November 1966

Techniques for Efficient Research.

Author Affiliations

By Lewis E. Lloyd, ScD. Price, $8.50. Pp 215, with 4 Tables and 20 Figures. Chemical Publishing Company, Inc., 212 5th Ave, New York, 1966.

Arch Intern Med. 1966;118(5):502-503. doi:10.1001/archinte.1966.00290170090020

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Everyone knows the meaning of the term research but it has a different meaning to different people. To some it is to explore in unknown areas to see what happens—basic research. Others hope to confirm or to refute a particular notion. Often, merely a matter of refinement of techniques is called research wherein the researcher aims to push a decimal point another place or two to the left. Nonetheless, all agree that, at best, research uses the faculty of creativeness which is necessary in order to define or to discover.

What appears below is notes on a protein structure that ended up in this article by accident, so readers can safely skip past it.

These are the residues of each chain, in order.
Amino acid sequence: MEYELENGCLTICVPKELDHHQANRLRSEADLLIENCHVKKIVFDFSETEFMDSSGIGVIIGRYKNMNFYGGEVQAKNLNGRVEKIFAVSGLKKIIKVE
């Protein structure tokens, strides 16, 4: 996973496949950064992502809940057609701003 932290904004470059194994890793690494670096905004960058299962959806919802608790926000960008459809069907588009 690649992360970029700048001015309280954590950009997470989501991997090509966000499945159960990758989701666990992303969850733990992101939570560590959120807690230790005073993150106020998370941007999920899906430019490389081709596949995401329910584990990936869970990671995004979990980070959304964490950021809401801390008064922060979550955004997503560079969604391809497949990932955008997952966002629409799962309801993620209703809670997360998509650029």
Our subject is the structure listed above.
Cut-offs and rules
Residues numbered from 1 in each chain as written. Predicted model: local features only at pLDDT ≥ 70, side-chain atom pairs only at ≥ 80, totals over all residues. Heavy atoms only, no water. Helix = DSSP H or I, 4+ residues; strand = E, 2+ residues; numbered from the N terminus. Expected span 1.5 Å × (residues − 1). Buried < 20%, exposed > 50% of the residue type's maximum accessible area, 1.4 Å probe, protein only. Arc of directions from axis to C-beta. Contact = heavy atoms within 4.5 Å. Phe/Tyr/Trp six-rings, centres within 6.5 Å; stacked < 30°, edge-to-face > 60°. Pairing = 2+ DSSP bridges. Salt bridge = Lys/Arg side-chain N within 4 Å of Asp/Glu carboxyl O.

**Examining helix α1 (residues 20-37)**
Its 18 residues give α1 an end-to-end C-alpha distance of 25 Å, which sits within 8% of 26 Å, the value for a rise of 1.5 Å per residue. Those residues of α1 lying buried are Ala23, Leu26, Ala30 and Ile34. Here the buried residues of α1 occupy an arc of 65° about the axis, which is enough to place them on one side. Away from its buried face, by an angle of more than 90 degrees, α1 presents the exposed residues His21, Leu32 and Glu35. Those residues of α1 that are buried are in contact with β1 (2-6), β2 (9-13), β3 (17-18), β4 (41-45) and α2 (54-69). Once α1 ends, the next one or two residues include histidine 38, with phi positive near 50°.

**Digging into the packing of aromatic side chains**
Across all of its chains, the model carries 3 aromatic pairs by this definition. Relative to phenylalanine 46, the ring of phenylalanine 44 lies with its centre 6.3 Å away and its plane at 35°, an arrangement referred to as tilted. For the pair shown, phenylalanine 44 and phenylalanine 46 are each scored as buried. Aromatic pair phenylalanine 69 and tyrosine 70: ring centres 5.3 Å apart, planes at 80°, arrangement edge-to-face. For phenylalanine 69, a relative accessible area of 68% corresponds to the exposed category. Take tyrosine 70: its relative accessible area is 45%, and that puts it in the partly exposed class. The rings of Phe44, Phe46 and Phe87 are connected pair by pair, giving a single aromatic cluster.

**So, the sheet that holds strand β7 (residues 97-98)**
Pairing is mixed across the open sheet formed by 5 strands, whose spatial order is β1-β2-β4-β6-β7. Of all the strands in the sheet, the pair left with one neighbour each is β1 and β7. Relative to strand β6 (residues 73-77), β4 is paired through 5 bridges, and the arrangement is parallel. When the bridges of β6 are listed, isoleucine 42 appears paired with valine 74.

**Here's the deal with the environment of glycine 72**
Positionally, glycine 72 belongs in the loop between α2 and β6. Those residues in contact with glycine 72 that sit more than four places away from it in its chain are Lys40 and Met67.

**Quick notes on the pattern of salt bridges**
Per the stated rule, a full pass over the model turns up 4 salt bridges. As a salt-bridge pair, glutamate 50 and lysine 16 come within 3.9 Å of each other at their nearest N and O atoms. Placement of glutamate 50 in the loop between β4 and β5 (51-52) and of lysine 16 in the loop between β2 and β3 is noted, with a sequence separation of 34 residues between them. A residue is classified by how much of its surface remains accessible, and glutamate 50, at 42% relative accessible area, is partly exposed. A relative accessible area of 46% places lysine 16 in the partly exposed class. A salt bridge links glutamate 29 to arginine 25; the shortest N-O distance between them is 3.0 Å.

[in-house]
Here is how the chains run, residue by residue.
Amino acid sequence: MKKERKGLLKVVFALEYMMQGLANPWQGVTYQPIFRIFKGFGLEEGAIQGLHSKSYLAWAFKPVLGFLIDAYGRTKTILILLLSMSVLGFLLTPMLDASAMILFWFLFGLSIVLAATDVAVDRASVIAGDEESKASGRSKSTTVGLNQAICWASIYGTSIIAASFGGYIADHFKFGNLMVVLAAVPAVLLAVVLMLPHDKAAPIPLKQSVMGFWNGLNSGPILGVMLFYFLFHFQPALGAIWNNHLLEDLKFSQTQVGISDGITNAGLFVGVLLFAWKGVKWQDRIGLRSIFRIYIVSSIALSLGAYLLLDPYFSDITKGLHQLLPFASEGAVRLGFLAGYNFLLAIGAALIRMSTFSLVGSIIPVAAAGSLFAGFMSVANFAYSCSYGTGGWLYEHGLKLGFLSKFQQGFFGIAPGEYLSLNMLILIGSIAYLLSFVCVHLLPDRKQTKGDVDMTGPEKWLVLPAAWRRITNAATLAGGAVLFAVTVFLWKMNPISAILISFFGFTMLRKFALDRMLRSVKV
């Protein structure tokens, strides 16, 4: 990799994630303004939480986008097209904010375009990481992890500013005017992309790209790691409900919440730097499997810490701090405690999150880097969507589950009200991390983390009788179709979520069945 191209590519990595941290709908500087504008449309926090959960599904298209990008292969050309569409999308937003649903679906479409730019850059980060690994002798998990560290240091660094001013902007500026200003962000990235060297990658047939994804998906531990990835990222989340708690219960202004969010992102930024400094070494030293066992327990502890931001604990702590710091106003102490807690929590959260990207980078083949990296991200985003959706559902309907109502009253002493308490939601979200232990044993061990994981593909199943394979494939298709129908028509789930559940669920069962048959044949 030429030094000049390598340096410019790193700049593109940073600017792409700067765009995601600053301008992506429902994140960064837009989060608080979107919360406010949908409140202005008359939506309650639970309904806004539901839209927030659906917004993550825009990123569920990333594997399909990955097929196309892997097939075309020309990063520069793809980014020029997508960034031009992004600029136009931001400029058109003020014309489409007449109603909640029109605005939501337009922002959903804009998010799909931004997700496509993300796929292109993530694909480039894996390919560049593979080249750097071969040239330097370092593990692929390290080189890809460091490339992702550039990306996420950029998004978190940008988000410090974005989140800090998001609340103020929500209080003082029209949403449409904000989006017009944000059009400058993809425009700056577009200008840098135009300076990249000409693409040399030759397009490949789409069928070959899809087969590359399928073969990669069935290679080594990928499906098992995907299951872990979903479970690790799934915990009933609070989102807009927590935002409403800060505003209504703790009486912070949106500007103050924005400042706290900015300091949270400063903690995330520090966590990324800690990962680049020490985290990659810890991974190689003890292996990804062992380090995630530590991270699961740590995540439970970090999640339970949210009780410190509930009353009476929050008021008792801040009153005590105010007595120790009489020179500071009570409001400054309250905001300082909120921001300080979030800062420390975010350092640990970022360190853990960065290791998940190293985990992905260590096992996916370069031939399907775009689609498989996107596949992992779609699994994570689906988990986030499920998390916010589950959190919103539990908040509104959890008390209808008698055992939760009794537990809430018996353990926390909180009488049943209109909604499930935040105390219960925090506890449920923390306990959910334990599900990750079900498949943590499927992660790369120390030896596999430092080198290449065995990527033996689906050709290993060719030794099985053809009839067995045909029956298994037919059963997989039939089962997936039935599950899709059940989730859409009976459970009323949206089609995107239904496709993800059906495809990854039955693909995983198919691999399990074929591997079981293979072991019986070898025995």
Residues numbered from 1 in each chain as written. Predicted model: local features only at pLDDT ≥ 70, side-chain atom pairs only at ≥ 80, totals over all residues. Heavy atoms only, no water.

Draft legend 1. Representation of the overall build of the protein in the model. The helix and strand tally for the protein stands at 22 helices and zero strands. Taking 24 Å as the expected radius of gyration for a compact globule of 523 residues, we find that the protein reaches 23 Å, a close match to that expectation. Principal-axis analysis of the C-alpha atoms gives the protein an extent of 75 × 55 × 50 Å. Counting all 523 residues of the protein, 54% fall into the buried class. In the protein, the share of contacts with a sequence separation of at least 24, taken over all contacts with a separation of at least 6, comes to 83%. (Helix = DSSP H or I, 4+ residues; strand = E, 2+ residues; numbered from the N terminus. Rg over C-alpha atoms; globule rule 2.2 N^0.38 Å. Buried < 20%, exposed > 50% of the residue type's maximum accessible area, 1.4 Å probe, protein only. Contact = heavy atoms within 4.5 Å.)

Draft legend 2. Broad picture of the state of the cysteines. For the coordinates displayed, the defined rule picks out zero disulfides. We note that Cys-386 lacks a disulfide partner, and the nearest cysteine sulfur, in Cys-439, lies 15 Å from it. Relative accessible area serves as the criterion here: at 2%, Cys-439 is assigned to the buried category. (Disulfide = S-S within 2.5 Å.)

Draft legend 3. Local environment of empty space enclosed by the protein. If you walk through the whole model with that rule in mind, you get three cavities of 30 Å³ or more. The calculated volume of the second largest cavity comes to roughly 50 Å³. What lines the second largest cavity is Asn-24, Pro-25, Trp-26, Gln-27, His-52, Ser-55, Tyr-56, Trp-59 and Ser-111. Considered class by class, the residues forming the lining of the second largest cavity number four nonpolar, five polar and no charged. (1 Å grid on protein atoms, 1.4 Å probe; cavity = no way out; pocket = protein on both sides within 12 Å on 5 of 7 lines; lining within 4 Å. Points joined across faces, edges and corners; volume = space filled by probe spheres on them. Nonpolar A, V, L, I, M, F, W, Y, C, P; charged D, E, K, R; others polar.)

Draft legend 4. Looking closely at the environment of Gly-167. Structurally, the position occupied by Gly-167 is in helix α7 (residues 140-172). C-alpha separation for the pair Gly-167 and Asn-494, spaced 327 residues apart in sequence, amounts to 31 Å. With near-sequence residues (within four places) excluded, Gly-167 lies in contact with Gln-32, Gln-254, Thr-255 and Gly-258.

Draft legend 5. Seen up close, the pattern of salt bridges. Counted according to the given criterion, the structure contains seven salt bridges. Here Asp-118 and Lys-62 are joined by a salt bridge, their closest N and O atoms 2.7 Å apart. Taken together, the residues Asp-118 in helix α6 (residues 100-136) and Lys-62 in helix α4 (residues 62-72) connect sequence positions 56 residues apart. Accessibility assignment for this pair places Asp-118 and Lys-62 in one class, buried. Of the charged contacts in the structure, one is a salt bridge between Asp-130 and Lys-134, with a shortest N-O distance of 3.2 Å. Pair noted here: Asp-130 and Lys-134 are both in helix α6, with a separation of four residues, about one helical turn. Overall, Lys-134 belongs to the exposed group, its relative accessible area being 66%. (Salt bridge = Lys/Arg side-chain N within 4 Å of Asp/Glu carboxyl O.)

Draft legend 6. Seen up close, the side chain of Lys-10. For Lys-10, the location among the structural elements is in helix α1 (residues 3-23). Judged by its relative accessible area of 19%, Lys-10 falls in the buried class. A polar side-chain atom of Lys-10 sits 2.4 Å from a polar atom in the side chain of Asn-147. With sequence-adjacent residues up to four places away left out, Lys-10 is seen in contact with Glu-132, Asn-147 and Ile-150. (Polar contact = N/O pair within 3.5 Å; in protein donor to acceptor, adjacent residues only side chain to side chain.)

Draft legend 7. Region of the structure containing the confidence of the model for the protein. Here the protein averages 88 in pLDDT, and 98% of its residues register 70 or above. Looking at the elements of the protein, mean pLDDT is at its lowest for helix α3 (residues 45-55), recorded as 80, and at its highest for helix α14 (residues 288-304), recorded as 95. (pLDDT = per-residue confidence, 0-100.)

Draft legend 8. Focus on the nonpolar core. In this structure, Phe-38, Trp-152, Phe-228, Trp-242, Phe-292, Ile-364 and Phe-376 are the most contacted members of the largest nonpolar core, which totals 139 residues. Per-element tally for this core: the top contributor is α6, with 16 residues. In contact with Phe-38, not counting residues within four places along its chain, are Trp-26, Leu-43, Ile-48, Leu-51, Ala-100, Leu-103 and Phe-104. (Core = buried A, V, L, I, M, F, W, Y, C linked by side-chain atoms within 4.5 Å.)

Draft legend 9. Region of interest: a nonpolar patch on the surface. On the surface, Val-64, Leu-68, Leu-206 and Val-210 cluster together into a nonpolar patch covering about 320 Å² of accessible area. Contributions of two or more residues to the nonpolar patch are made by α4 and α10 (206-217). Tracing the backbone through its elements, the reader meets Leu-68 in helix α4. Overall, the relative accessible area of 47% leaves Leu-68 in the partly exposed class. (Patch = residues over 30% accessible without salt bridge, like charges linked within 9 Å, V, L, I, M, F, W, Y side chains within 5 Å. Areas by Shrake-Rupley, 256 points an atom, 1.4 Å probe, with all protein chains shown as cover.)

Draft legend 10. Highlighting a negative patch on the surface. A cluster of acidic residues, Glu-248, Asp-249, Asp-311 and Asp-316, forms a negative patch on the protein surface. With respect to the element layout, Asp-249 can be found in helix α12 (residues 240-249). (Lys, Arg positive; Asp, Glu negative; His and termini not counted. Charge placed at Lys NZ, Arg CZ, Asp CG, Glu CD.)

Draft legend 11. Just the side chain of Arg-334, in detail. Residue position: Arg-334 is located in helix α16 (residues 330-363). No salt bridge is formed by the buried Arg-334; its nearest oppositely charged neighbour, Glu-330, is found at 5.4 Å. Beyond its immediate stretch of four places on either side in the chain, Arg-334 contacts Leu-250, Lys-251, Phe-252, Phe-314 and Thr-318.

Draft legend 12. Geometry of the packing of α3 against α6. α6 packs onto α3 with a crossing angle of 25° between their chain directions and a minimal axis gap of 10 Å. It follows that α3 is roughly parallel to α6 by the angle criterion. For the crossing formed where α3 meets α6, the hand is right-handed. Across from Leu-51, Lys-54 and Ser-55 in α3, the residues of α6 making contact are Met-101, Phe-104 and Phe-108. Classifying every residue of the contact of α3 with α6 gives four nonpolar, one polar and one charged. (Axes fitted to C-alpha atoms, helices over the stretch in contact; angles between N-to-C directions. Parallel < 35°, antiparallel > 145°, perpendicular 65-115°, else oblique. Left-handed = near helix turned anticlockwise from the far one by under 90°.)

It is desirable, I believe, to restate certain truisms which are involved in research. For example, the scientific method is taken as a vade mecum and we speak of it as if it were a talisman showing the right road. But this is not necessarily so. There are many philosophies of science. We speak of logic as if it were

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